This past Sunday, Jeff and I drove out to Bucks county to see a lady about a dog. The dog is a sweetheart and gorgeous to boot - we'll be taking her home in a few weeks. (I'd post a picture, but it was getting dark, so the few I took didn't do her justice.)
On the way home, we decided to stop in New Hope for dinner. (Well, actually, this was decided well beforehand. I shouldn't make it sound like we come upon these places by chance - there is plenty of planning involved!) Since we've gotten good at cooking for ourselves, going out to dinner has lost some of its attraction. I no longer want to go to a mediocre restaurant and pay $15 for an entree that I could have made (or worse, that I could have made even better). I want delicious food. I want food made from scratch. And I'd prefer organic ingredients. This means more planning is needed.
In looking up restaurants, I've started relying on the Eat Well Guide on my links page. Unfortunately, it has nothing for the Lambertville/New Hope area, despite its plethora of interesting restaurants. Instead, I had to wing it. This ended up working out quite well, though, because a Google map search of the area brought me to the website of The Blue Tortilla.
This quaint little place is just north of the bridge on North Main St, and right next door to a public parking lot. The restaurant is pleasantly decorated with Mexican artwork, including some cool statues. The front window displays jars of their homemade salsa. I was a little dismayed at how empty it was - we were there around 6:30 on a Sunday. When we got there a group of four were finishing their meal, and in the hour we stayed, not a single customer walked in. This could be chalked up to the weather, though - it was rather cold out and there were very few people on the street (New Hope generally has crowds of pedestrians). Despite being the only people there and being able to choose our table, I sat us in a place with no overhead lighting, so pardon the dark pictures.
When I saw homemade corn chips on the menu, I immediately ordered them. Both the chips and the two salsas that came with them (which, unfortunately, I neglected to get in my picture) were great. I thought the chips needed a little more salt, but they were perfect for the combo of salsas. I don't normally have salsa verde, so I can't critique it well, but I enjoyed it. I really liked the salsa roja, which had a rich heartiness to it. Both salsas had a fair bit of heat to them.
Jeff ordered the chicken chipotle soup as a starter. It had a generous amount of chicken, beans and avocado. I only had a taste, but I really enjoyed the mild spiciness of it. While my mouth was on fire from the salsa (I'm a weakling when it comes to heat, though I'm trying to work on it), this was a very different sort of heat that I felt in another area of my mouth. It was refreshing to have all of those different areas activated, rather than just continually burning one.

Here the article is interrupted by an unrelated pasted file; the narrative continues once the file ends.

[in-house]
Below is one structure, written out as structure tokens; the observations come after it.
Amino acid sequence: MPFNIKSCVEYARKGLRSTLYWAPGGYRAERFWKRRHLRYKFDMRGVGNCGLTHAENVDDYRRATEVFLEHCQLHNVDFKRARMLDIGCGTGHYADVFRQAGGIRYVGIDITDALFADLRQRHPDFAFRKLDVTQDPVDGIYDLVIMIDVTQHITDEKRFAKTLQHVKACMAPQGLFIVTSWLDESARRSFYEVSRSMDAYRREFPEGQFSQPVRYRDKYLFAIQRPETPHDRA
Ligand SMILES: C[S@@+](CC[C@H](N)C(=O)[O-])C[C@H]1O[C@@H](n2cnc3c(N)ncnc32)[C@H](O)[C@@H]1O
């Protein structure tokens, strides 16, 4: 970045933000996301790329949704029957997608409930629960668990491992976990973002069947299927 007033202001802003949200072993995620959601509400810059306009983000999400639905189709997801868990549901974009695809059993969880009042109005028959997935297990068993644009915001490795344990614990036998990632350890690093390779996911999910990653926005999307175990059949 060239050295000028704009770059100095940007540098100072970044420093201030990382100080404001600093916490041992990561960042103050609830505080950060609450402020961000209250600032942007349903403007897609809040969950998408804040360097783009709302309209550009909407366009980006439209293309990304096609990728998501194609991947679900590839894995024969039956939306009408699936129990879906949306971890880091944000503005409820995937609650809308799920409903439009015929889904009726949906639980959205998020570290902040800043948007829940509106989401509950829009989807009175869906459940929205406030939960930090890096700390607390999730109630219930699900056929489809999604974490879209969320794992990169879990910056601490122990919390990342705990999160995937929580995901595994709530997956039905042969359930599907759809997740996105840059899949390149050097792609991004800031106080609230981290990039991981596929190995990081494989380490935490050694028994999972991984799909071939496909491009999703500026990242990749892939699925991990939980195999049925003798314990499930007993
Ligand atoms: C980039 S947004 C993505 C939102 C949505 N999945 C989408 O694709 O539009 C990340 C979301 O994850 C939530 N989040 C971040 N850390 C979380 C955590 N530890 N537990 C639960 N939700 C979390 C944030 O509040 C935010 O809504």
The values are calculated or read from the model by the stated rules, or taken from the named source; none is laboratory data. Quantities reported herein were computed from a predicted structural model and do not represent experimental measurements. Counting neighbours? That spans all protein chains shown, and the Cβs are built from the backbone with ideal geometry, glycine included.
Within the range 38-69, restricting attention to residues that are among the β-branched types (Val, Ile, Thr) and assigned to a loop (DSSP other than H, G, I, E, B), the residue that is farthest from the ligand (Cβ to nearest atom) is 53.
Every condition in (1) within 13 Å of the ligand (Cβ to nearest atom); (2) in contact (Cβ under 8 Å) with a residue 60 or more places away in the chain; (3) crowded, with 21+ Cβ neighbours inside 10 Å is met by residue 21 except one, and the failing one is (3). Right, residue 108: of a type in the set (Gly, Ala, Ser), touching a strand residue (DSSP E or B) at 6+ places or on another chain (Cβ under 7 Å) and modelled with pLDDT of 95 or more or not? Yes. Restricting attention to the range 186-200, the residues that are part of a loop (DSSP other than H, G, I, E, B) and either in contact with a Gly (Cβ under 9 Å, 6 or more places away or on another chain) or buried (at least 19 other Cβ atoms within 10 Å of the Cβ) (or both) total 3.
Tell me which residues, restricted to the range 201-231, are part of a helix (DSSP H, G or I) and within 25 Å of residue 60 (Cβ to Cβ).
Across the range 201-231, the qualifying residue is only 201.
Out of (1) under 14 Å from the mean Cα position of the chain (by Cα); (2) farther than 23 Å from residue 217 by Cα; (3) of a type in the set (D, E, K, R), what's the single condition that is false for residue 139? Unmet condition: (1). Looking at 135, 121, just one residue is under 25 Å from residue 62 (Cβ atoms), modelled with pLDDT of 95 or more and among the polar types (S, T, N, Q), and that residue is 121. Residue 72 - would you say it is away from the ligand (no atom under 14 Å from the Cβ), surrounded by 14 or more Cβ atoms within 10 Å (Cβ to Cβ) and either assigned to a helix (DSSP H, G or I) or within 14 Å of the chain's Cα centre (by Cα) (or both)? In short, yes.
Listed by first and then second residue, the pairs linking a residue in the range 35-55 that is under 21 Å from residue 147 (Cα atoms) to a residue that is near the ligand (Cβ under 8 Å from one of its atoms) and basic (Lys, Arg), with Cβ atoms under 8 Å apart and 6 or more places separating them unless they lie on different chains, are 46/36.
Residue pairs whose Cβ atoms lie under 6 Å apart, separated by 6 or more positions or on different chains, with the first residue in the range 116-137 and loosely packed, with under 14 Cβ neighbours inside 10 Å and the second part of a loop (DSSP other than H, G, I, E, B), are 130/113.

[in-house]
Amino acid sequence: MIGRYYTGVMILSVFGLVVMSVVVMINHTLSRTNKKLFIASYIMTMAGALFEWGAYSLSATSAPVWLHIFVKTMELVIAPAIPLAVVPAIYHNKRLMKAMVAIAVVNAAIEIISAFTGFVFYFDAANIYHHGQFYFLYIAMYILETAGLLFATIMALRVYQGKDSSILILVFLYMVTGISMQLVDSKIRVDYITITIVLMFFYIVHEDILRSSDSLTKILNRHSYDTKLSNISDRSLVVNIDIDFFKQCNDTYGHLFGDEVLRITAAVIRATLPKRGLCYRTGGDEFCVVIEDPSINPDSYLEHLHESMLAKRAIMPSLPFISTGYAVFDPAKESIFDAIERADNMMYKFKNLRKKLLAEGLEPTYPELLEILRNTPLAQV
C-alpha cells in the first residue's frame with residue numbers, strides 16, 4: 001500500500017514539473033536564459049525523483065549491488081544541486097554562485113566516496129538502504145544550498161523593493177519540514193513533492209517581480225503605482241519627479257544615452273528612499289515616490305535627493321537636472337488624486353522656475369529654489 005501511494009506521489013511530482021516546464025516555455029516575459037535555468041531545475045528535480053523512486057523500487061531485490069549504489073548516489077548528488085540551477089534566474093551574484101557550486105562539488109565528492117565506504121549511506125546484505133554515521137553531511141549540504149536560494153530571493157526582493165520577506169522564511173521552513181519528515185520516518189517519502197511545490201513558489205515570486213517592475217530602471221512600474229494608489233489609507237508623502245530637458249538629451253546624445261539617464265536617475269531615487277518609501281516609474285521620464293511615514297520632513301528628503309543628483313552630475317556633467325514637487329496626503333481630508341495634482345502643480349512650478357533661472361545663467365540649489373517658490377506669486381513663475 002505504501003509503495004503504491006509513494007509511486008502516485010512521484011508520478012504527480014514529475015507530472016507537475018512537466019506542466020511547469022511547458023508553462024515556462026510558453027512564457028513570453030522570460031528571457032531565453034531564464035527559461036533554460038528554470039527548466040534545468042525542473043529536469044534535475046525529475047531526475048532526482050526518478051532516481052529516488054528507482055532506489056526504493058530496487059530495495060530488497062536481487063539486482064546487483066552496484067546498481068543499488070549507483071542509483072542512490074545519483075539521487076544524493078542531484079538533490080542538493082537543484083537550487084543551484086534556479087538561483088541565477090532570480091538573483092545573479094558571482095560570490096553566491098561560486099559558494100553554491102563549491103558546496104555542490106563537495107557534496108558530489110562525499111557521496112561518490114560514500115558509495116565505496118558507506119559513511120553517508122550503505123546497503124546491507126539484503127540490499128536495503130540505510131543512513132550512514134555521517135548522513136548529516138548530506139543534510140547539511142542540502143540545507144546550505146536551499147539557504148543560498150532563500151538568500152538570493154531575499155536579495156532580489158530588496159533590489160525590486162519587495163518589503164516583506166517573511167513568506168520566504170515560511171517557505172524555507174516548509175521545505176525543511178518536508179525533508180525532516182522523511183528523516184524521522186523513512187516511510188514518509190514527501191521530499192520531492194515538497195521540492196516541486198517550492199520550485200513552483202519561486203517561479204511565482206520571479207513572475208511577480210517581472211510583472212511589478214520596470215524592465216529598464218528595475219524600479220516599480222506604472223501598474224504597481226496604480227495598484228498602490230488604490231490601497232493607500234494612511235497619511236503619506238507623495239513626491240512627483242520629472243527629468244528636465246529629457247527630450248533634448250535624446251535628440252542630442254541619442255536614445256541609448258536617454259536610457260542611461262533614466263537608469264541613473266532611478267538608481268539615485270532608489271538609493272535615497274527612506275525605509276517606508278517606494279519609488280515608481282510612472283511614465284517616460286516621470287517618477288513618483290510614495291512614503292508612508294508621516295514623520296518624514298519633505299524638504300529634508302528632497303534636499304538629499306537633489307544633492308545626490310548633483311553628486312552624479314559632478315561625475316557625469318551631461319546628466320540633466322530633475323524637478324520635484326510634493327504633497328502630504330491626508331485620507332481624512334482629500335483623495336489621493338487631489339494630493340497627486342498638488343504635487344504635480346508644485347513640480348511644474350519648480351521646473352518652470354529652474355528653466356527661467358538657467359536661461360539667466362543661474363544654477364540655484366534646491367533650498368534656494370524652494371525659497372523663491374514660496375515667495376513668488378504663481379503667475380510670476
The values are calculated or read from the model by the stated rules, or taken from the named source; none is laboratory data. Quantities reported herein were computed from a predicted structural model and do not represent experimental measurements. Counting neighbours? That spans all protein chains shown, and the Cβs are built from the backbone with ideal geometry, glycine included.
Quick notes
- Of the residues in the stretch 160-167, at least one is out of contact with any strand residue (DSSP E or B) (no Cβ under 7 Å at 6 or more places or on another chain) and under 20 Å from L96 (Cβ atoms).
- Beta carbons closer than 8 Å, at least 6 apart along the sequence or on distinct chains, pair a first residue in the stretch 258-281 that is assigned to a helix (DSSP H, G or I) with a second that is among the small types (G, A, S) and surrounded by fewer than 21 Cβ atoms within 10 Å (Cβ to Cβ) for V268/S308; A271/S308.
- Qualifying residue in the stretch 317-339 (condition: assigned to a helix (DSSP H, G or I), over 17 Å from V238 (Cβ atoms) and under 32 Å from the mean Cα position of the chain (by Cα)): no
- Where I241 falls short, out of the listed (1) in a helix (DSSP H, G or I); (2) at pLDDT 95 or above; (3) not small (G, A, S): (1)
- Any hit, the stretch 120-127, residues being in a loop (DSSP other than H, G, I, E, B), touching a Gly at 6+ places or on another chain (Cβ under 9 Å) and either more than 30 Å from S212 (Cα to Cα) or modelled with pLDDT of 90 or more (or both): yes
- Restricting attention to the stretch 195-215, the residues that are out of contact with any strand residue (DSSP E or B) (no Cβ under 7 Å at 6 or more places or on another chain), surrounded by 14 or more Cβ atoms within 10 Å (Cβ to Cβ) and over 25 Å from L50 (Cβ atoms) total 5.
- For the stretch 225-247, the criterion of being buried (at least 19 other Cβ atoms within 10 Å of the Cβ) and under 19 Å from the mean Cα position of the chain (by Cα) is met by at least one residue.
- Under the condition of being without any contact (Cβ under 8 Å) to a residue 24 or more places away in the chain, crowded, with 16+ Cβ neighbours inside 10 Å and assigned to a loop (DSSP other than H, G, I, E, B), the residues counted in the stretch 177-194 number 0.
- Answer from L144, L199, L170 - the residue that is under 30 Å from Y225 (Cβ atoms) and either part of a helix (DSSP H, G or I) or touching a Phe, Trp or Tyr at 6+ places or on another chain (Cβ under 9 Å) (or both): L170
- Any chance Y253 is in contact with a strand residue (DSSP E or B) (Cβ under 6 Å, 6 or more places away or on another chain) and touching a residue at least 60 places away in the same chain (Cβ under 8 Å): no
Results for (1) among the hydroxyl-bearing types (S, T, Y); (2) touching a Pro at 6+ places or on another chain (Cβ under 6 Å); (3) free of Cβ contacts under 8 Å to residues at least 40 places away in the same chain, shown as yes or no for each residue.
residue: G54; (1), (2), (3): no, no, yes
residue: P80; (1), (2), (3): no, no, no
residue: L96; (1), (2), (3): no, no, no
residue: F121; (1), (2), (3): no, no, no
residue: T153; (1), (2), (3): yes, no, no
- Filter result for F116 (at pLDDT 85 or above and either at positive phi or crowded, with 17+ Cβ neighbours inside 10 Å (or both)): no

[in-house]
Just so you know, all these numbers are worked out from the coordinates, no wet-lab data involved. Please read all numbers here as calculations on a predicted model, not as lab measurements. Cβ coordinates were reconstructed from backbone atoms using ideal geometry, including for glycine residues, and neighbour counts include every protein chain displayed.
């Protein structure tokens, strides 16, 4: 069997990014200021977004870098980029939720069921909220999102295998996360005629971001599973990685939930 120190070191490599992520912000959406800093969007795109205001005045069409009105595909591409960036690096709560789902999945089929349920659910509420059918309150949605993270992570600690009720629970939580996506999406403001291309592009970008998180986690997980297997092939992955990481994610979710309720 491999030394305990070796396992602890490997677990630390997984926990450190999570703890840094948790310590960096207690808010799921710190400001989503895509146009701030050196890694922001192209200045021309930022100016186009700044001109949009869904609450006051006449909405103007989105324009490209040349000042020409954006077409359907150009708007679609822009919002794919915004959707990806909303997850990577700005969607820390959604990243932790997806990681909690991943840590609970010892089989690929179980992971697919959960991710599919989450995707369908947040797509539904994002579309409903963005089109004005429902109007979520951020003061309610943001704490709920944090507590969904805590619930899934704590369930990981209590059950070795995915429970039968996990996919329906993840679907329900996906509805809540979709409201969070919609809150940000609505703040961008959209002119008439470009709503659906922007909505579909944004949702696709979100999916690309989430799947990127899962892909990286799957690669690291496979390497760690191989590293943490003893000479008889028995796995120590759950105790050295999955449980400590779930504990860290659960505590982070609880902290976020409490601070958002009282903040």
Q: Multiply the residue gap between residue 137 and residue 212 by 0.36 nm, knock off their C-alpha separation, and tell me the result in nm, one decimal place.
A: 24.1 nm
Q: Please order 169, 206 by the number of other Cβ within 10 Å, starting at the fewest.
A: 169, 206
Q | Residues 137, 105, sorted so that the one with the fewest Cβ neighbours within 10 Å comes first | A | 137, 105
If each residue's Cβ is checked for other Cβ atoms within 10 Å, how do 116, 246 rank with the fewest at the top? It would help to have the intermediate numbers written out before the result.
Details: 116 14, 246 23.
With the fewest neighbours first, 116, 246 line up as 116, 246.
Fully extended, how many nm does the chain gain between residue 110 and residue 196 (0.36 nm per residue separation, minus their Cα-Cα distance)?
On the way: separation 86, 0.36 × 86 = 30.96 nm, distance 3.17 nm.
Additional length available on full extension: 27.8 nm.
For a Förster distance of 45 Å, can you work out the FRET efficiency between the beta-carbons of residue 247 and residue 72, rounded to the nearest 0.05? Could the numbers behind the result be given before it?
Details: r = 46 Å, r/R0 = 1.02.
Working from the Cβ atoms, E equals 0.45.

For my entree, I ordered the chicken in molé. I was very excited to see this on the menu, since it's something I've wanted to try for some time. The waitress asked if I'd ever had a molé before. When I said no, she offered to bring me a taste before putting in my order, to make sure I would enjoy it. I really appreciated this - and it was indicative of the rest of the service (although, with one table to deal with, the waitress could afford to be attentive). The molé had a rich chocolatey flavor at first that built into a medium sort of heat. Again, this heat seemed to rest in a different location in my mouth than the others. The texture was velvety and smooth. I devoured the sample - I could have eaten a whole bowl. When it came out on the chicken, it didn't disappoint. The chicken breast was juicy and practically fell apart on the thinner end. The molé was really the star, though - I would have thought chocolate and chicken didn't go together, but this was not a desserty chocolate, it was a rich, hearty chocolate. It came with homemade corn tortillas, a side of rice, and a side of delicious mashed black beans. I usually don't eat the beans at Mexican restaurants - I hate refried beans - but these were very different. They were very smooth, almost like mashed potatoes, with only a bit of that mealy bean flavor at the end. Instead of pushing them away, I ate the whole portion. It was more than I could eat at one sitting, but the leftovers reheated well, and I got to enjoy the delicious sauce once more. I wish I'd saved a bit for today!
Jeff's entree was the picaditas with cochinita pibil - thick, lightly fried corn tortillas topped with marinated pork. The pork was delicious, with a citrusy edge to it. I didn't get to taste the tortillas, but since Jeff all but licked his plate clean, I believe they were great too.
So overall, I think this place is a winner. If you're ever looking for homemade, authentic Mexican food in eastern Pennsylvania, this is the place to go. Despite being in a town that's packed with great restaurants (and just across the river from another), I think I'm going to give this one a lot of repeat visits.